Who says crime doesn’t pay?

! This post hasn't been updated in over a year. A lot can change in a year including my opinion and the amount of naughty words I use. There's a good chance that there's something in what's written below that someone will find objectionable. That's fine, if I tried to please everybody all of the time then I'd be a Lib Dem (remember them?) and I'm certainly not one of those. The point is, I'm not the kind of person to try and alter history in case I said something in the past that someone can use against me in the future but just remember that the person I was then isn't the person I am now nor the person I'll be in a year's time.

A 14 year old boy in Telford has been given an ASBO after terrorising his local estate, jumping up and down on neighbours cars, wrecking peoples gardens and setting things on fire.  As part of his ASBO the judge has rewarded him with quad bike lessons.

Apparently this is to show him that you can get a buzz by doing something good but apart from the fact that it shows him he can get a treat for all the things he’s done, it sends out a message to all the other 14 year olds that if they get into trouble then they can get rewarded as well.

The ASBO tells him that he’s not allowed to be abusive or threatening or vandalise things.  Why does the judge need to make a court order to tell him he can’t do things that are illegal anyway?

Does anyone think this a good idea?  What’s he going to do when he finishes his lessons?  He’ll probably start terrorising the neighbourhood on a quad bike instead!

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  1. William Gruff (138 comments) says:

    I think that unsupervised quad bike lessons, preferably in flooded quarries but certainly in remote and inaccessible areas, would be a positive step in reducing ‘anti-social’ behaviour in the young.

  2. steve (38 comments) says:

    I saw this in the paper too. My kids now understand why I can’t buy them as many treats as we used to, as more money has to go on tax / council-tax to pay for guttersnipes like this to get treats at our expense. They feel there’s an injustice somewhere along the lines. How come a bunch of kids can see this is wrong, but the so called “leaders” of the people think this is correct?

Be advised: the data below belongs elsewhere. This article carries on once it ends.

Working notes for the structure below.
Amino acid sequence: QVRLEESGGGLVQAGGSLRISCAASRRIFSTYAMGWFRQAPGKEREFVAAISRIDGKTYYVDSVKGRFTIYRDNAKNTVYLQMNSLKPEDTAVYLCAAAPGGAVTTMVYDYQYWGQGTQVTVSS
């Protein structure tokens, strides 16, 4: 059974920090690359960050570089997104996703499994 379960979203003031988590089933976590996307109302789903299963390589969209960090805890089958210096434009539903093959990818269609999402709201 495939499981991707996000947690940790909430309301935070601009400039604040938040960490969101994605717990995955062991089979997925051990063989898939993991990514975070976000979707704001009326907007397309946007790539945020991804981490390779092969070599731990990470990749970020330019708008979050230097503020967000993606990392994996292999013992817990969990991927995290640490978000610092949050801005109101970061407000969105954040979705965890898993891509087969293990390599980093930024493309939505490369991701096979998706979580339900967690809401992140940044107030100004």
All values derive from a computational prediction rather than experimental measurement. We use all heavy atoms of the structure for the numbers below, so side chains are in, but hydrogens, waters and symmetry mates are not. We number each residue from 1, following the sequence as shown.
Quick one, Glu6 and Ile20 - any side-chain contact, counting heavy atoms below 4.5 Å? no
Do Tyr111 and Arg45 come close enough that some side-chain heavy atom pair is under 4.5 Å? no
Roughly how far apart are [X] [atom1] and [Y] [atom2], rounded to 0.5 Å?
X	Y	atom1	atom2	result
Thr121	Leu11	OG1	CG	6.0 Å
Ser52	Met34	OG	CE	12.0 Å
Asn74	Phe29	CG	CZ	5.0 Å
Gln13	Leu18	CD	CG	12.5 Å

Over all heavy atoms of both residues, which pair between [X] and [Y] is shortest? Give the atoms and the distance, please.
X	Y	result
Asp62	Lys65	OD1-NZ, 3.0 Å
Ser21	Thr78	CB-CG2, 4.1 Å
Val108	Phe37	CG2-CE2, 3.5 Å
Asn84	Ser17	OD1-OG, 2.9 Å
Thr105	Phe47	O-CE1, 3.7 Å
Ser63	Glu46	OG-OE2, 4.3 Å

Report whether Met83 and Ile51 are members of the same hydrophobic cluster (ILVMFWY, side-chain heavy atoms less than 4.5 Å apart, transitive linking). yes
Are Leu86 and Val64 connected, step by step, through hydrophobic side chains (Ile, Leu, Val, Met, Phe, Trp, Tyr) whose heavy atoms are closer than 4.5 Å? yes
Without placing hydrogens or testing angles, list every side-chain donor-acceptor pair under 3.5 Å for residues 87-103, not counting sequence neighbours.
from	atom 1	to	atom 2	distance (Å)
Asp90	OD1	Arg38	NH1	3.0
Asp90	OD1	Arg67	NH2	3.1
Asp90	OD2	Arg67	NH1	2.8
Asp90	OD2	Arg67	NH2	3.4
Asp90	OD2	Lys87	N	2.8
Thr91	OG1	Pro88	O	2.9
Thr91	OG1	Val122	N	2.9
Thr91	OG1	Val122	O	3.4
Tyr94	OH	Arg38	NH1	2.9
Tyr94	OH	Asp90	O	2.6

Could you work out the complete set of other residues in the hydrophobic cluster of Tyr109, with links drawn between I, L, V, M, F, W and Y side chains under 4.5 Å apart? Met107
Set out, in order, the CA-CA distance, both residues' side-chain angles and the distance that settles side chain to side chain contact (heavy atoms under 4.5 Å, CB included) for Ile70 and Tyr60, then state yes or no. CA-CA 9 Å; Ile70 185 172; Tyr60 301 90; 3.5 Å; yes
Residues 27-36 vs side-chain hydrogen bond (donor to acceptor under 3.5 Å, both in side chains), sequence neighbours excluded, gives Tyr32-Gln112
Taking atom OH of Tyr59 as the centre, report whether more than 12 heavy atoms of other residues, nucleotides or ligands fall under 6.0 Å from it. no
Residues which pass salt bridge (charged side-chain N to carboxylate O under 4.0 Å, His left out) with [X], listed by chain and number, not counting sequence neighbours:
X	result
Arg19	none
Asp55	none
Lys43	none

3. axel (1214 comments) says:

    All i have to say is, ‘…so let it be flame throwers and cattle prods for all’

  4. Charlie Marks (365 comments) says:

    A better idea than giving him an ASBO would have been to make him do some gardening for all of the residents of the estate, wash their cars, etc to repay the people whose possessions he has destroyed. This would be a punishment for him as it would be long and tiring, but also it would get him doing something productive for the people he has harmed. I can’t see how giving him quad bike lessons would help – as you say, it could make the problem worse.

    The judge’s decision shows that there needs to be some accountability for the decisions made by the judiciary. I favour the election of police chiefs and judges by those communities they serve.

  5. disgruntled (1 comments) says:

    Crime certainly does pay – in Telford anyway! I’m trying to raise the bond for a (rented) house. There’s a bond scheme in Telford, but only if you’re under 25, if you’re over 25, they “may” help, but only if you have convictions for “substance misuse”….my next move is to sit on the town hall steps sniffing the brasso tin!

  6. […] addition to this, we give our local scum quad bike days out as “punishment” for terrorising residents of his local estate, vandalism, […]

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